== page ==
Head of Jelekong village Deden Nur Ramdani said here Saturday that his men had received the district government`s humanitarian packages to be distributed to the victims.

Among the damaged houses, four were almost destroyed and 28 others got medium damages.

Ramdani said 20 kilograms of rice and 20 boxes of instant noodle were received from the Bandung district government`s social welfare office.

However, his people did need construction materials for fixing their damaged houses, he said.

In connection with this need, he said he had asked the related authorities to provide the victims with construction materials, such as cement, sand, woods, and bricks, so that they could soon fix their houses.

Along with the sub-district government`s officials, his men had assessed the material losses that the victims had suffered and real condition of their damaged houses, he said.

The whirlwind hit Jelekong village`s areas on Friday at 05.00 pm but there were no reports of fatalities in the disaster, he said.

The extreme weather phenomena, such as whirlwinds and heavy rains, have been hitting various parts of Indonesia for months this year.

As a result of heavy rains showering some parts of Indonesia, for instance, flash floods inundated different parts of the country this week.

In South Jakarta, the flash floods inundated a few hundreds of houses in some housing complexes as a result of heavy rainfall last Tuesday.

Houses in housing complexes like Pondok Jaya, Mampang, and Pulo Raya Petogogan Road, Kebayoran Baru, South Jakarta, reportedly remained submerged on early Wednesday.

The height of the flood waters was expected to reach between one meter and one and half meter in such housing complexes as Pondok Jaya and Petogogan village.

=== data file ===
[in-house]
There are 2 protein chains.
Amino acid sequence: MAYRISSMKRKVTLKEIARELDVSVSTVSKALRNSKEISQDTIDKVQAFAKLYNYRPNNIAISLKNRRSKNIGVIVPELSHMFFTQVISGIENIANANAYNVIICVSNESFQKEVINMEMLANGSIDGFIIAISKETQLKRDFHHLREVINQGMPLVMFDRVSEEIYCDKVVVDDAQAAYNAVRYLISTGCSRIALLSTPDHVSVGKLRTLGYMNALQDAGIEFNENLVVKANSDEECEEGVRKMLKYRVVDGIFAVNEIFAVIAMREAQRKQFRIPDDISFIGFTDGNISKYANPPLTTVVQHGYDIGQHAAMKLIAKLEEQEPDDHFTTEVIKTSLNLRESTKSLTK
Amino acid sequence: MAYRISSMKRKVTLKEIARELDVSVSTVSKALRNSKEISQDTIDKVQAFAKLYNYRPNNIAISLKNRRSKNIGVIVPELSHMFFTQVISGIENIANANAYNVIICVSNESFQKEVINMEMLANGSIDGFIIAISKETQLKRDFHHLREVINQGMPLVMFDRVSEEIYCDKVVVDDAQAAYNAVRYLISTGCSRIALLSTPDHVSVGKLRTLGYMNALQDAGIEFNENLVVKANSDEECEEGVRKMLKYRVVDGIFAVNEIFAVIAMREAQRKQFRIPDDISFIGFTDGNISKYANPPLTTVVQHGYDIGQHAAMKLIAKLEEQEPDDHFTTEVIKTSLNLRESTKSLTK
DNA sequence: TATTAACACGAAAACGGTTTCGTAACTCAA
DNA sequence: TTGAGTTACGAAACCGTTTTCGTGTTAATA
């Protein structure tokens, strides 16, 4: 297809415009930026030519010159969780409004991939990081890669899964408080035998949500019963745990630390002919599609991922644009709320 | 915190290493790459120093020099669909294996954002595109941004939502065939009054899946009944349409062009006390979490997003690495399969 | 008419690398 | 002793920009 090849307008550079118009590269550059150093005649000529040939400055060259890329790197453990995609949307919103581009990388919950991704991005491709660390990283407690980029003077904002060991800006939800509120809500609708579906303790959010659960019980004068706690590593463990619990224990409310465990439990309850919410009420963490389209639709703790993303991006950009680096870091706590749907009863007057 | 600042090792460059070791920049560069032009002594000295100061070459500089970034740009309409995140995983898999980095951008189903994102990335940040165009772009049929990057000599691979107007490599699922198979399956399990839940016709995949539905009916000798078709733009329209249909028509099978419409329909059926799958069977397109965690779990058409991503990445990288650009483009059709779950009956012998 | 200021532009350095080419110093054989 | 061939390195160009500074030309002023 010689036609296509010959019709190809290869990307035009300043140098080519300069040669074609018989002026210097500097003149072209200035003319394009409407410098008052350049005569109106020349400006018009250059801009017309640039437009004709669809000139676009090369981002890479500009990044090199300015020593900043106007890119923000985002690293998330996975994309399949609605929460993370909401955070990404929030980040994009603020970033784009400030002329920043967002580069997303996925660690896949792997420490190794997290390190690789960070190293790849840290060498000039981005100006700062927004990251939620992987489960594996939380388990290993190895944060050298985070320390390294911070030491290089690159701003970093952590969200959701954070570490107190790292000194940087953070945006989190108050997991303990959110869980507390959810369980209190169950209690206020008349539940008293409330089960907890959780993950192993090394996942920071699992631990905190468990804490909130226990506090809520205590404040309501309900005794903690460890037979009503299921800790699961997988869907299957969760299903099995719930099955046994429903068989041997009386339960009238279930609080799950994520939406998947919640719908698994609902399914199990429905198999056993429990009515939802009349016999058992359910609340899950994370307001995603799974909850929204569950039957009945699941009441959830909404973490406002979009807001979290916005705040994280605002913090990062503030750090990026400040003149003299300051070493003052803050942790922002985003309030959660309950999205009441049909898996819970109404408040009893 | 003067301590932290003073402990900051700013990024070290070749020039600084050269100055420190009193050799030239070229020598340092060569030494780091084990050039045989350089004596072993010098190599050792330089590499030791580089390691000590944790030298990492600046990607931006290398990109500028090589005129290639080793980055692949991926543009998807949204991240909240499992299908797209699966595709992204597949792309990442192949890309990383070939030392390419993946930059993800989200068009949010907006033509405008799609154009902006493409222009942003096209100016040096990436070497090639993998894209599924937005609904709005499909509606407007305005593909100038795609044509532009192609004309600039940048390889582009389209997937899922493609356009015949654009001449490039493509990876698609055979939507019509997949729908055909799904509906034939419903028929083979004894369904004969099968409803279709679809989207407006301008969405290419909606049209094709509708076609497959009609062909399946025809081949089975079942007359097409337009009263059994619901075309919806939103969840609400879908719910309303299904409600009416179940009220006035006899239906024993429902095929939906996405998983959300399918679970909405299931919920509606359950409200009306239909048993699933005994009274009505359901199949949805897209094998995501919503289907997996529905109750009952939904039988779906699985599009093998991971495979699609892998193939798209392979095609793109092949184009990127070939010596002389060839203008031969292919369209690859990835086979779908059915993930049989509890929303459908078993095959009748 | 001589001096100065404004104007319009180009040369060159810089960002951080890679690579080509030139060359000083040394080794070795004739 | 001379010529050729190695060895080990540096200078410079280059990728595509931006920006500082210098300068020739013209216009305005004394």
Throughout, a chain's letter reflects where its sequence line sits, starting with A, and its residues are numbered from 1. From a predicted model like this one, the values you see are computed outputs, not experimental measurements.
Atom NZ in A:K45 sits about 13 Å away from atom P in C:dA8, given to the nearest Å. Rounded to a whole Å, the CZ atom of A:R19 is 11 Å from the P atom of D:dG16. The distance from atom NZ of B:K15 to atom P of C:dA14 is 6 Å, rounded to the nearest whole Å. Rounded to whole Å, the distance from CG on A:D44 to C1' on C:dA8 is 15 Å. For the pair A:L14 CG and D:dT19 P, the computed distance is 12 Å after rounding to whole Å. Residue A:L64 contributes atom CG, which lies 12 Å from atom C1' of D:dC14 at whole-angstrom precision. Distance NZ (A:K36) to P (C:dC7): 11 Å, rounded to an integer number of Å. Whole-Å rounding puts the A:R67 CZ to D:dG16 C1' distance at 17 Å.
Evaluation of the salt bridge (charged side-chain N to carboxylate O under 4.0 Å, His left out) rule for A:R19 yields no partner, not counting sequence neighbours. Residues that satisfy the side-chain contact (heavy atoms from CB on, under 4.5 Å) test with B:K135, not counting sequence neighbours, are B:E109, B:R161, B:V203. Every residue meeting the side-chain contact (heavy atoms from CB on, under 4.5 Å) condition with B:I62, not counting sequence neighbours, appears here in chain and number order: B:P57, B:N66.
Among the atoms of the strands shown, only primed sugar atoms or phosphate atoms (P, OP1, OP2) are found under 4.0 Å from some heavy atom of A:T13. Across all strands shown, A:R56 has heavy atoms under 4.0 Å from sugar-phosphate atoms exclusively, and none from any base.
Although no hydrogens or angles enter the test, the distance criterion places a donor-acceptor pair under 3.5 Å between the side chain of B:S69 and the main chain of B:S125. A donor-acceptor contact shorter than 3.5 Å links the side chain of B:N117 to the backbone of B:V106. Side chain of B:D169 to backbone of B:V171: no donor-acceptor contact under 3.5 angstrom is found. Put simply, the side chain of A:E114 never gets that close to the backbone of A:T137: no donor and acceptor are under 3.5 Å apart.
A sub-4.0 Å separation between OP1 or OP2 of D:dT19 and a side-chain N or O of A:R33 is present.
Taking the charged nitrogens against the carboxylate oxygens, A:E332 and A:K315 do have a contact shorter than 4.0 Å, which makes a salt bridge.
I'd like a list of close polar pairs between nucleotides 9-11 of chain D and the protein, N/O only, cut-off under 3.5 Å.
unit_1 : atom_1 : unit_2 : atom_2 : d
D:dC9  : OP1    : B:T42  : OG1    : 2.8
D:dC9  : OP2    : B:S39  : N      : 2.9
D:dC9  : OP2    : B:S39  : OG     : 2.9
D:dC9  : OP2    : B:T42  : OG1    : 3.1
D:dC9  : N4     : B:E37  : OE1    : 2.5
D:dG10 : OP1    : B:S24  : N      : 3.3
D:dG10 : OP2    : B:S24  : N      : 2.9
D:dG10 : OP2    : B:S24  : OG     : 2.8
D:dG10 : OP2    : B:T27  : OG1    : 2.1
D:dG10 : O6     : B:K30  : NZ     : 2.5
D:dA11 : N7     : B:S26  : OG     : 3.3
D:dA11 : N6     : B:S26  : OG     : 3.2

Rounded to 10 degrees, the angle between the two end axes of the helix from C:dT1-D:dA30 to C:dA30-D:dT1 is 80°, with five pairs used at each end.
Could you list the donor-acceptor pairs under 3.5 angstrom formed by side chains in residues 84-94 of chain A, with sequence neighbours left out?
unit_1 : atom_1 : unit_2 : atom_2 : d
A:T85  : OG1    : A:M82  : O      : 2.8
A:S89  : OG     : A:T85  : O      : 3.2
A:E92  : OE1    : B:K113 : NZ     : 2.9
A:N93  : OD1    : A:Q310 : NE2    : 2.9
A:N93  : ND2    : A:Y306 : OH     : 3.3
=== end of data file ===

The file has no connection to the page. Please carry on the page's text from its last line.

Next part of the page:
Sudden flooding was also experienced by hundreds of people in Totobo village, Pomalaa sub-district, Kolaka district, Southeast Sulawesi Province.

Due to heavy rains, about 200 houses and tens of hectares of paddy fields in the village were also submerged.

Unlike the flash floods in the provinces of Banten and Jakarta, the flood water in Totobo village was mixed with mud.

Related Articles:

Thursday, September 16, 2010

RI calls for world action to stop trade of rare species

Adianto P. Simamora, The Jakarta Post, JAKARTA | Thu, 09/16/2010 9:13 AM

Indonesia called on parties to the UN biodiversity convention to stop receiving illegally traded endangered species, or loss of biodiversity would continue.

A senior official from the Forestry Ministry warned that Indonesia’s measures to protect endangered species, such as tigers and orangutans, by restoring their ailing habitats could be futile if foreign countries took no serious action to deal with illegal trade.

“It is similar to illegal logging. We could not rub it out if countries like Malaysia and China still accept illegal wood from Indonesia,” Darori, the ministry’s director general for forest protection and nature conservation, told The Jakarta Post on Wednesday.

The two countries could be entry points for transfer of illegal timber from Indonesia to other nations, he added.

Darori made the statement as negotiators from 193 countries to the UN Convention on Biological Diversity (CBD) are preparing for a two-week summit in Nagoya, Japan, to seek solutions on how to protect biodiversity.

The tenth conference of parties (COP) to the CBD would be held on Oct. 18 to Oct. 29, with the closing three days slated for ministerial meetings.

International demand for rare species is still high, Darori said.

“We recently seized three tiger skins being exported at prices between Rp 50 million [US$5,550] and Rp 100 million per pelt,” he said.

Indonesia once had Javanese and Balinese tigers, but they are now extinct. The ministry predicted there were only 500 Sumatran tigers left in the wild.

The International Union for Conservation of Nature named the Sumatran tiger as critically endangered, while the Convention on International Trade in Endangered Species of Wild Fauna and Flora placed it in Appendix I, prohibiting its trade.